The Conservatives rushed out a news release supporting our gas tax honesty campaign, which of course is good news. The question remains -- who is mirroring whom? It's worth noting that we have been running this campaign for seven years. The 2003 motion Jaffer references was actually based on our 2003 report. Of course, imitation is the highest form of flattery. Over the years we have collected 110,000 signatures including 1,500 from mayors and councillors across Canada. If you want gas tax honesty, sign our petition here.
Conservative Party committed to gas tax honesty
CTF Report Mirrors Suggestions Put Forward by Conservatives
TORONTO – Rahim Jaffer, Member of Parliament for Edmonton – Strathcona and Official Opposition Critic for Infrastructure and Municipalities welcomed today’s report from the Canadian Taxpayers Federation (CTF) on the Gas Tax. Many of the recommendations put forward by the CTF are similar to those made by the Conservative Party of Canada over the past several years. These include reducing the excise tax on gasoline, eliminating the GST on the excise tax and putting more money into infrastructure. In fact, it was the Conservative Party in 2003 that brought forward a motion in the House of Commons demanding the Liberals to directly invest gas tax money into Canada’s cities and infrastructure.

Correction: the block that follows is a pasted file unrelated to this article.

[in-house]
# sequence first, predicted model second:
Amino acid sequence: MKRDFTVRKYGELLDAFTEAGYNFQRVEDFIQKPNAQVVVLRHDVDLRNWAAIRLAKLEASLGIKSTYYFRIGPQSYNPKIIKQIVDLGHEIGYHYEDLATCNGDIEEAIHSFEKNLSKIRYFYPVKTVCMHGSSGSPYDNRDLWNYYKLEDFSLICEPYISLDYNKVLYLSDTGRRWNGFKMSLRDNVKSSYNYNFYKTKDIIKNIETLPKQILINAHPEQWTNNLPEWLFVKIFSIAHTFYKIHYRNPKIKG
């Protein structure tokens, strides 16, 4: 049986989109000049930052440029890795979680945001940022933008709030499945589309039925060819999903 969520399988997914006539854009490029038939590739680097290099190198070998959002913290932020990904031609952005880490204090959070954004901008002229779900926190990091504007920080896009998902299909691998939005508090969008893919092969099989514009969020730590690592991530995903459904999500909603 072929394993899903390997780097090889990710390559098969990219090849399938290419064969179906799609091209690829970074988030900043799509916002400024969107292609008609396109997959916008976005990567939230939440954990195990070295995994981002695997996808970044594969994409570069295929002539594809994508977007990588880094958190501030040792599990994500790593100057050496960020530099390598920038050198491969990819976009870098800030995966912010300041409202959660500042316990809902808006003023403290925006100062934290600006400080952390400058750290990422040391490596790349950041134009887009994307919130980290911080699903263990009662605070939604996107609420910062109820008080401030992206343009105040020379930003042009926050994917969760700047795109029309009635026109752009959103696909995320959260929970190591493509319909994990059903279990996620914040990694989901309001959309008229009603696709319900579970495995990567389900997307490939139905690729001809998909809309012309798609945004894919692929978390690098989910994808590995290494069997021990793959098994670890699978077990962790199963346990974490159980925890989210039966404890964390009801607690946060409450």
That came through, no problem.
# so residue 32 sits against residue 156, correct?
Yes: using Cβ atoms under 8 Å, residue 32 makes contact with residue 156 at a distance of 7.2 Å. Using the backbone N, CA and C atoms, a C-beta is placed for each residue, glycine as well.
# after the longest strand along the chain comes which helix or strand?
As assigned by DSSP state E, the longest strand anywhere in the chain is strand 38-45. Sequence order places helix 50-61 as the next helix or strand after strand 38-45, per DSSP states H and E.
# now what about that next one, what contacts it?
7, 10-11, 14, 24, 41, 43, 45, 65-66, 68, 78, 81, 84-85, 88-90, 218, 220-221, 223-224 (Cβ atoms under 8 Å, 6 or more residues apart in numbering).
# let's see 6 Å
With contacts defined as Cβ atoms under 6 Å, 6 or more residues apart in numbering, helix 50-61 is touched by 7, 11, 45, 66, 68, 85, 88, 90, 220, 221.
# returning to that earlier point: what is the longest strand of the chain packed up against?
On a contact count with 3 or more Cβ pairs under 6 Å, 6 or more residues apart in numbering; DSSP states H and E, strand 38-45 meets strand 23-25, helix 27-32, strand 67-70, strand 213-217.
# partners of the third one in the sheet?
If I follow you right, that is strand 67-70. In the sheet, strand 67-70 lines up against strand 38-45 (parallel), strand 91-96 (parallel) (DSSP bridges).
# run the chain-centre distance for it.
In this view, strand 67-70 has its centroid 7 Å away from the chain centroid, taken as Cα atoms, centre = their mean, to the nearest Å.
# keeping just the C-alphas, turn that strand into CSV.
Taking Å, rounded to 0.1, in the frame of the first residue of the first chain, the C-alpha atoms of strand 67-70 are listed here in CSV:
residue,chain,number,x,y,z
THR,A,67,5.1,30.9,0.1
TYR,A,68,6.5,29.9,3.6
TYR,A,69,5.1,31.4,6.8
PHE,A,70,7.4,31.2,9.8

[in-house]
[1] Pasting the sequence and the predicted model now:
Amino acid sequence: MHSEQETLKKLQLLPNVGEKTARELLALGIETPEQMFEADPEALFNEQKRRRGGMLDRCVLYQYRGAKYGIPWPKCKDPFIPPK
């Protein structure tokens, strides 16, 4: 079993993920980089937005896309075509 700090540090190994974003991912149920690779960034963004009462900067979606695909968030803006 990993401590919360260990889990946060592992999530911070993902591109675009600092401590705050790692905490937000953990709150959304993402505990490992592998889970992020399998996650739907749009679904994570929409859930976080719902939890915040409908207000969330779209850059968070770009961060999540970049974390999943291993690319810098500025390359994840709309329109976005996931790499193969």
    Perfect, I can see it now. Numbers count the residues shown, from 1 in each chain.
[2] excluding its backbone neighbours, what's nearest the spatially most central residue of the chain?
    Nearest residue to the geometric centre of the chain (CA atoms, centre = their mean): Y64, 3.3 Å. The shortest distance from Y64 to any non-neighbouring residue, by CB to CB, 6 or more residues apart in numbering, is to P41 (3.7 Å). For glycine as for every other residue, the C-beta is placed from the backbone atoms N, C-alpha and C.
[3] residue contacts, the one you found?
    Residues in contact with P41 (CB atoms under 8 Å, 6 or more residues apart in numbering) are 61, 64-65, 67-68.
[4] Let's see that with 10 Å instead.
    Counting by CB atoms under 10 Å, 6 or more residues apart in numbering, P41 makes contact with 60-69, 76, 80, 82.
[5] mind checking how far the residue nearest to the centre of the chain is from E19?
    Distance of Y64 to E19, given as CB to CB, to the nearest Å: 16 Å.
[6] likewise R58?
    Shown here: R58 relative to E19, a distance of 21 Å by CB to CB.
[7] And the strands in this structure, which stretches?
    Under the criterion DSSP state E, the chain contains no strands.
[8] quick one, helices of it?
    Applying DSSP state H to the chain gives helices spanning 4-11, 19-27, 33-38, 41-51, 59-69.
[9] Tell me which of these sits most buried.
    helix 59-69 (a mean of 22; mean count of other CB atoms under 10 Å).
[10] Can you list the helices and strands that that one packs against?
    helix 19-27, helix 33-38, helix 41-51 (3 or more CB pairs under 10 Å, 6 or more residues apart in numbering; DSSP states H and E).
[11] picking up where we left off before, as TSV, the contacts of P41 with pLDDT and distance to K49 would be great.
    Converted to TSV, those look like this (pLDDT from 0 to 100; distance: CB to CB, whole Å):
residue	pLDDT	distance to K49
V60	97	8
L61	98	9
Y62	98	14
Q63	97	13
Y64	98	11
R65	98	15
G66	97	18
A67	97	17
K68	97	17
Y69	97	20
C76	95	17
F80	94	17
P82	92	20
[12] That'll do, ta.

Mr. Jaffer said, “Today’s report from the Canadian Taxpayers Federation shows how truly dishonest Paul Martin and the Liberals have been with the taxes Canadian consumers pay at the pump. The Liberals claim they are helping cities while the reality shows that our cities are starved for cash and our roads crumble.”
“The Conservative Party of Canada” continued Mr. Jaffer, “is committed to a new approach of investing gas tax revenues into Canadian cities and infrastructure. Our party, under the leadership of Stephen Harper, has made the commitment to not only match but possibly even exceed the amount of spending the federal government does on infrastructure while reducing taxes for all Canadians. We are committed to fewer potholes, better highways, and more public transit.”
Conservative Party of Canada policy states that: “A Conservative government will reduce federal gasoline taxes conditional on an agreement with the provinces… to fund infrastructure in provincial and municipal jurisdictions.”